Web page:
A Missouri inmate is scheduled to die June 18 for the murder of two women. One unidentified staff member who has worked with John Winfield in the years since his conviction has said he has “not the same person who committed the crime that sent him to death row” and does not deserve to die. In conversations with Winfield’s lawyers, he said Winfield is in the “elite one percent of all inmates” who “shows his remorse for his crime in his every day actions and the life that he chooses to live” and will make positive contributions to the lives of many others if permitted to live.
But on the day after this staff member told his supervisors he planned to write a letter in support of Winfield, he became the subject of an investigation by the prison that threatened his employment status and caused him to revoke his statements, according to legal filings by Winfield’s lawyers.
The staff member, whose name is being withheld because of threats against him, was told he was being investigated for “overfamiliarity” with Winfield. The staff member has been a state Department of Corrections employee for more than 20 years, and worked with Winfield for several years while he was employed at Potosi Correctional Center. The staff member stated that he was a strong supporter of execution at the beginning of his career, but has, over time, “met a few exceptional individuals who have been sentenced to death, but who have become changed men.” He considers Winfield one of those men, pointing to both Winfield’s exceptional work ethic, and numerous examples of Winfield’s “dedicat[ion] to helping those who are in pain.”
“Mr. Winfield ‘wants to be there for his family’ and cries ‘when he can’t do anything to help those he loves on the outside’,” according to Winfield’s court filing. “While Mr. Winfield struggled to provide for his loved ones at home, he also cared for younger and weaker inmates at the prison. He took a special interest in looking after the inmates in the Special needs Unit, who have disabilities, going so far as to press their clothes so that they can take pride in themselves. Other times, the staff member sees Mr. Winfield bestow small kindnesses, such as going to the canteen and bringing back two ice creams, then giving both of them away. The staff member emphasized that Mr. Winfield ‘is genuinely concerned about the well-being of others.’”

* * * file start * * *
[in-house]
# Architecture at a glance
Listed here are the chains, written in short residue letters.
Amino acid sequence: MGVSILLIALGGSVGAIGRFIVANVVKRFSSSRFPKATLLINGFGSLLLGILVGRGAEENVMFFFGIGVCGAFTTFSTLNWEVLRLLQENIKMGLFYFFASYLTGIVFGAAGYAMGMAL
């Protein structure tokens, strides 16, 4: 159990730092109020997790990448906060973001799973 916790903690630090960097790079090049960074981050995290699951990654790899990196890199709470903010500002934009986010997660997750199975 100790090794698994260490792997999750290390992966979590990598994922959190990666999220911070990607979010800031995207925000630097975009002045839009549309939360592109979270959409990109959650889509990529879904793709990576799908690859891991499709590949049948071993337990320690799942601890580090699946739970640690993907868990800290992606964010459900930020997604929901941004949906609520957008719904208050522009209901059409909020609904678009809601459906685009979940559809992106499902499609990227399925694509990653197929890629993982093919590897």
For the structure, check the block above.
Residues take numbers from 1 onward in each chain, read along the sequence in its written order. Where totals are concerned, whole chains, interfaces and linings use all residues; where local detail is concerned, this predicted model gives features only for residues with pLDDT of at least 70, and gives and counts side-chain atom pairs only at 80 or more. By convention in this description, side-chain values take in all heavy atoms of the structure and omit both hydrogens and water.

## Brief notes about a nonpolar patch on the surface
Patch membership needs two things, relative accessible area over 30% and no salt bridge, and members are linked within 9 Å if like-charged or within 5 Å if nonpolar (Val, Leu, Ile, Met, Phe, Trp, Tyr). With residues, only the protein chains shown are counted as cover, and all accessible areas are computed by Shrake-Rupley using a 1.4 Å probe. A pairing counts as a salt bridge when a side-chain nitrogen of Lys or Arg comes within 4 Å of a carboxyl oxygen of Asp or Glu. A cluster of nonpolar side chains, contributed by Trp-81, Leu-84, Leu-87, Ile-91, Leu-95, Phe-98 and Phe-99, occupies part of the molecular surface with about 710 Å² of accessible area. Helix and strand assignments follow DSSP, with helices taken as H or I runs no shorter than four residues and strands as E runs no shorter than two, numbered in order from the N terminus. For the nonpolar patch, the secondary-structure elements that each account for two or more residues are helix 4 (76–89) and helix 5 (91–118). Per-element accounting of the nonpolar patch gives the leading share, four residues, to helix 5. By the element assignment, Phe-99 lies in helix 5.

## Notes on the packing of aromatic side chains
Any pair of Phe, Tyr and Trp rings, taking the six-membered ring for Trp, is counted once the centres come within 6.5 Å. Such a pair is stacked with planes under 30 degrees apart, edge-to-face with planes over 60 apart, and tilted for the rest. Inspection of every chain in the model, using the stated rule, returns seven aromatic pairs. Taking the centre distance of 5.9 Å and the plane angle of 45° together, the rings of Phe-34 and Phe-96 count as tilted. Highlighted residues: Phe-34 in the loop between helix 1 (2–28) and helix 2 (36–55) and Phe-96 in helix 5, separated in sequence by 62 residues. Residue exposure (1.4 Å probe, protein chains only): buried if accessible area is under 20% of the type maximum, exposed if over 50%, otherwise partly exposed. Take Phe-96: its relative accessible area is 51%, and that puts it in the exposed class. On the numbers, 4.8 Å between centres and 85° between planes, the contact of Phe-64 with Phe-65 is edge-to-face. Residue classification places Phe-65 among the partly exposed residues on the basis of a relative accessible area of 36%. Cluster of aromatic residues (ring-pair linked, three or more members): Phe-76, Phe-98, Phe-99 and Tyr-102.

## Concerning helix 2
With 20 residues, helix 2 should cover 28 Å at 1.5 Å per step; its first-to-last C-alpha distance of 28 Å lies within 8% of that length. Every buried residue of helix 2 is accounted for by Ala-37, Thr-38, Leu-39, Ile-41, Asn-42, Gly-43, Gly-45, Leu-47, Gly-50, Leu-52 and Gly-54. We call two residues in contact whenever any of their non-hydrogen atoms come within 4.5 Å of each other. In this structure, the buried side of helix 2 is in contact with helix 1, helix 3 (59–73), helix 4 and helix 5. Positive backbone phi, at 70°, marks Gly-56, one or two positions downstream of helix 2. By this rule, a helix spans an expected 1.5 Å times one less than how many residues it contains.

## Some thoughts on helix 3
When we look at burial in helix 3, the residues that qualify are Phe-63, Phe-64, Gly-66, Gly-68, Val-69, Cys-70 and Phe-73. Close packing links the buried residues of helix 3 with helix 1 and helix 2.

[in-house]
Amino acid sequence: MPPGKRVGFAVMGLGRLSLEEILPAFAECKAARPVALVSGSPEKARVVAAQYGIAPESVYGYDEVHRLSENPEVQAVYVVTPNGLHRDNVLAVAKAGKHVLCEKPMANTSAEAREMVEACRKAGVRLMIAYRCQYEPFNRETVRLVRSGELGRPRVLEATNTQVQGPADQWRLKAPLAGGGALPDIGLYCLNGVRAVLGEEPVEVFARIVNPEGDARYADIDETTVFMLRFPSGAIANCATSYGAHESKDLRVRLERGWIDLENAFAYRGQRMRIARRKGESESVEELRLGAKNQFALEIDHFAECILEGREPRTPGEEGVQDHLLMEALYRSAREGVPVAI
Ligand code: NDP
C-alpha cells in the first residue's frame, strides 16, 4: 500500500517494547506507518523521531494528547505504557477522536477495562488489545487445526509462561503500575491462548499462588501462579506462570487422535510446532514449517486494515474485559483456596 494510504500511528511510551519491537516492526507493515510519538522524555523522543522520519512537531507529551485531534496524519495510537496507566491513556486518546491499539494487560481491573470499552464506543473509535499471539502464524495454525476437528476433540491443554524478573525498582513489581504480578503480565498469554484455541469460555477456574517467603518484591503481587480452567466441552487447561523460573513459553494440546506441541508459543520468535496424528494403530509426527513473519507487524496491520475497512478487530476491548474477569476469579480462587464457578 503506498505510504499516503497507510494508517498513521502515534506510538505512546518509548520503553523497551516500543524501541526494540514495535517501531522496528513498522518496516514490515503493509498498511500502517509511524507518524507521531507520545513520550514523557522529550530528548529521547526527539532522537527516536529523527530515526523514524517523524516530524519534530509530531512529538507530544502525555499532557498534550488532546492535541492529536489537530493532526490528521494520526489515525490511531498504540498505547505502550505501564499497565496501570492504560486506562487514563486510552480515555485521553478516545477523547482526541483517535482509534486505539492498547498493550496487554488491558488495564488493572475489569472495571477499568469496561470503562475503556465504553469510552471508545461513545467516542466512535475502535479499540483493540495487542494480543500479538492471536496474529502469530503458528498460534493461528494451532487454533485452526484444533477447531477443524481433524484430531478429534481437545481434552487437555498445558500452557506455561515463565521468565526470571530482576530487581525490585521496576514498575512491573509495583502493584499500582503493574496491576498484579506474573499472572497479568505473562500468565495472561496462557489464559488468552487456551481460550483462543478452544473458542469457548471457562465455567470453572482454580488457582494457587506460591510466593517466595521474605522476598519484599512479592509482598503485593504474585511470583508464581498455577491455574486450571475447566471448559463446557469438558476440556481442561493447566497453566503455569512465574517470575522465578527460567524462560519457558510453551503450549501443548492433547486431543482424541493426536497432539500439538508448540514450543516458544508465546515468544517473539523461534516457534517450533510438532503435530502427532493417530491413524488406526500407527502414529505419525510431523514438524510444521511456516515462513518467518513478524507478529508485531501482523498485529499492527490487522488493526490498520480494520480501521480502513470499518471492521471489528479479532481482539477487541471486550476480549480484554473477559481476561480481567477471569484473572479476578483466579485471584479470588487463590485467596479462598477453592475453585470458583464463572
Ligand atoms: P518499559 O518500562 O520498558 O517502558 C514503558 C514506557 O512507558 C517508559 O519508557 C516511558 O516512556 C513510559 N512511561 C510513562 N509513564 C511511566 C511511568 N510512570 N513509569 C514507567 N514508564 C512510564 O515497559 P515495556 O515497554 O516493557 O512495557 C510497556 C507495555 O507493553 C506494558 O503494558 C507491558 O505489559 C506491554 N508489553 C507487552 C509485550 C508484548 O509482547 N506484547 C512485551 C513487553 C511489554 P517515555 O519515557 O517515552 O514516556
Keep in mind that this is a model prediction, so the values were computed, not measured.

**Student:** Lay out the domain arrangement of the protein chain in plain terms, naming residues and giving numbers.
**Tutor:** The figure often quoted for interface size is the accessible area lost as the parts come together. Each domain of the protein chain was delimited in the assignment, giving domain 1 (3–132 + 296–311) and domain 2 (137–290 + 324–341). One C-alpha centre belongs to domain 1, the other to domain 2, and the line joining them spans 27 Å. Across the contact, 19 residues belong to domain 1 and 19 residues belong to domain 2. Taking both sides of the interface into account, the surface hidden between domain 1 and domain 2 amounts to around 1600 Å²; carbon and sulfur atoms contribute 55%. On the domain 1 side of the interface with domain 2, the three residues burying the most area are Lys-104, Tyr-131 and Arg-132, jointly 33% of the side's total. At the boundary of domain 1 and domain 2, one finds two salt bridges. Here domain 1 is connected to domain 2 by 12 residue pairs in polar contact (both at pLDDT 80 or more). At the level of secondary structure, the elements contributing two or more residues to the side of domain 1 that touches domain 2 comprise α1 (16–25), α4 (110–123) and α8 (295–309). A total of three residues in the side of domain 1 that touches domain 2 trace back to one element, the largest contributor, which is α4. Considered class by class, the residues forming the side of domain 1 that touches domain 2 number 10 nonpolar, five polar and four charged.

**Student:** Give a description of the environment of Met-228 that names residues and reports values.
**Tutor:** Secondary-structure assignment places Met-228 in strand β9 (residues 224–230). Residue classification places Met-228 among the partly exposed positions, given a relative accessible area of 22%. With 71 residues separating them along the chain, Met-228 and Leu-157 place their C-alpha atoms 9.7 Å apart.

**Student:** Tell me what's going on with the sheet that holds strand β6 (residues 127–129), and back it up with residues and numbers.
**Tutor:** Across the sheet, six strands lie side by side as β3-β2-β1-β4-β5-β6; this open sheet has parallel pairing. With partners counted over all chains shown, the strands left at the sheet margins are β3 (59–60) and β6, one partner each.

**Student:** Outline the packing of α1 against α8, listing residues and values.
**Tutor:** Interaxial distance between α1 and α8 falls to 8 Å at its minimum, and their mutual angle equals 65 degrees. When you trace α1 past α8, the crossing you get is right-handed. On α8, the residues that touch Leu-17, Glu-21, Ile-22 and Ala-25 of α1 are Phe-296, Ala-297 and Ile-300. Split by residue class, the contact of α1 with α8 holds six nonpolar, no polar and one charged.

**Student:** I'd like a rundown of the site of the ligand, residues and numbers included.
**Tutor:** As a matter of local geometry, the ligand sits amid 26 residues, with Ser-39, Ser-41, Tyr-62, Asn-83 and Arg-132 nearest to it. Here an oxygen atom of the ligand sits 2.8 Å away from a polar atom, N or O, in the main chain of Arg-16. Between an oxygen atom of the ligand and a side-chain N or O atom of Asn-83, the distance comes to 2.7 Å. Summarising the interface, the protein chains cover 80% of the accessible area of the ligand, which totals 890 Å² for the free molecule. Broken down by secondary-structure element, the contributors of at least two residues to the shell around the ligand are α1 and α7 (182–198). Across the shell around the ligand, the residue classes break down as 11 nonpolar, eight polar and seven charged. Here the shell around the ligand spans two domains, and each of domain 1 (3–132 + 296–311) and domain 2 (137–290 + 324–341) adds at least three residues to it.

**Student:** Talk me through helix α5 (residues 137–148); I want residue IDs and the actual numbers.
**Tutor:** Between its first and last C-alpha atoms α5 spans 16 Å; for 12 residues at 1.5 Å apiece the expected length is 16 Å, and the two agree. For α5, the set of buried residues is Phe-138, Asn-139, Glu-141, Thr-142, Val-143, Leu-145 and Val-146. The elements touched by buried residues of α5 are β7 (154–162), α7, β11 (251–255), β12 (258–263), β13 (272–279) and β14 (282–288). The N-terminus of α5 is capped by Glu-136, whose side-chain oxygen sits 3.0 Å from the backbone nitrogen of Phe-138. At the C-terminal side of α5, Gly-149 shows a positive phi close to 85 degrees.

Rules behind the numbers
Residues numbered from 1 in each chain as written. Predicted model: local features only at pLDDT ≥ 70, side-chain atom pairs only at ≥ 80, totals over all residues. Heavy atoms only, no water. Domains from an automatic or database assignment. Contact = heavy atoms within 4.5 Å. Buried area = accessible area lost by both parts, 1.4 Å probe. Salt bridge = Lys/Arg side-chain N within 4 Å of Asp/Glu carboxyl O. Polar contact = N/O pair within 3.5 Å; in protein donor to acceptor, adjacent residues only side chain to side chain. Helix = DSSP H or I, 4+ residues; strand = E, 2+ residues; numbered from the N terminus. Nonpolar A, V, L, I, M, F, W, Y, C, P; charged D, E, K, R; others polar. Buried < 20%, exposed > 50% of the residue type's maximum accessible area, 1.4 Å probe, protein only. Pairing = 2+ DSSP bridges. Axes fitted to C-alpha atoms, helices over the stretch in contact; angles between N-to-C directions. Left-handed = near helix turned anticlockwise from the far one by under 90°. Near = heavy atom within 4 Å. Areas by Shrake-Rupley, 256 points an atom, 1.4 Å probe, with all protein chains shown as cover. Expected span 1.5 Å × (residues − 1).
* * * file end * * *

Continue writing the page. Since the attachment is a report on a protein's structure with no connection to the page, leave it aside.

After the staff member met with inmate John Winfield’s lawyer, he consulted his supervisors to ask if he would be permitted to write a letter supporting Winfield’s application for clemency. The state clemency power gives Gov. Jay Nixon (D) the power to stop a death sentence even if the courts permit it to go forward. His supervisors told him there was no policy against writing such letters, as long as he did not purport to represent the Department of Corrections. But the following day, an investigator told the staff member that he was a “suspect” in a case considering his “overfamiliarity” with Winfield, according to the court filing.
Local corrections officials referred ThinkProgress to the state Department of Corrections, who did not return a call for comment by press time.
This investigation has several implications. It not only means that the staff member could now face negative employment repercussions. It also effectively blocks him from writing the letter in support of clemency, because employees are prohibited from participating in activities related to the investigation while it is ongoing.
Winfield’s lawyer had planned to include a declaration signed by the staff member in his application for clemency. But after the investigation began, the staff member wrote an apologetic email to Winfield’s lawyer, stating that he could not sign any affidavit so long as the investigation was ongoing.
Winfield’s lawyers cite another 2008 incident in which a judge found that the same correctional center interfered in another clemency application, and granted a stay of the execution as a consequence. Gov. Jay Nixon later denied clemency despite the support of several prison staff members, and Dennis Skillicorn was executed in 2009.
This most recent battle comes as Missouri continues to keep secret the source of the state’s lethal injection drugs. Even after a botched Oklahoma execution drew increased attention to the practice of putting inmates to death using secret, unverified drugs, other states have continued to move forward with executions.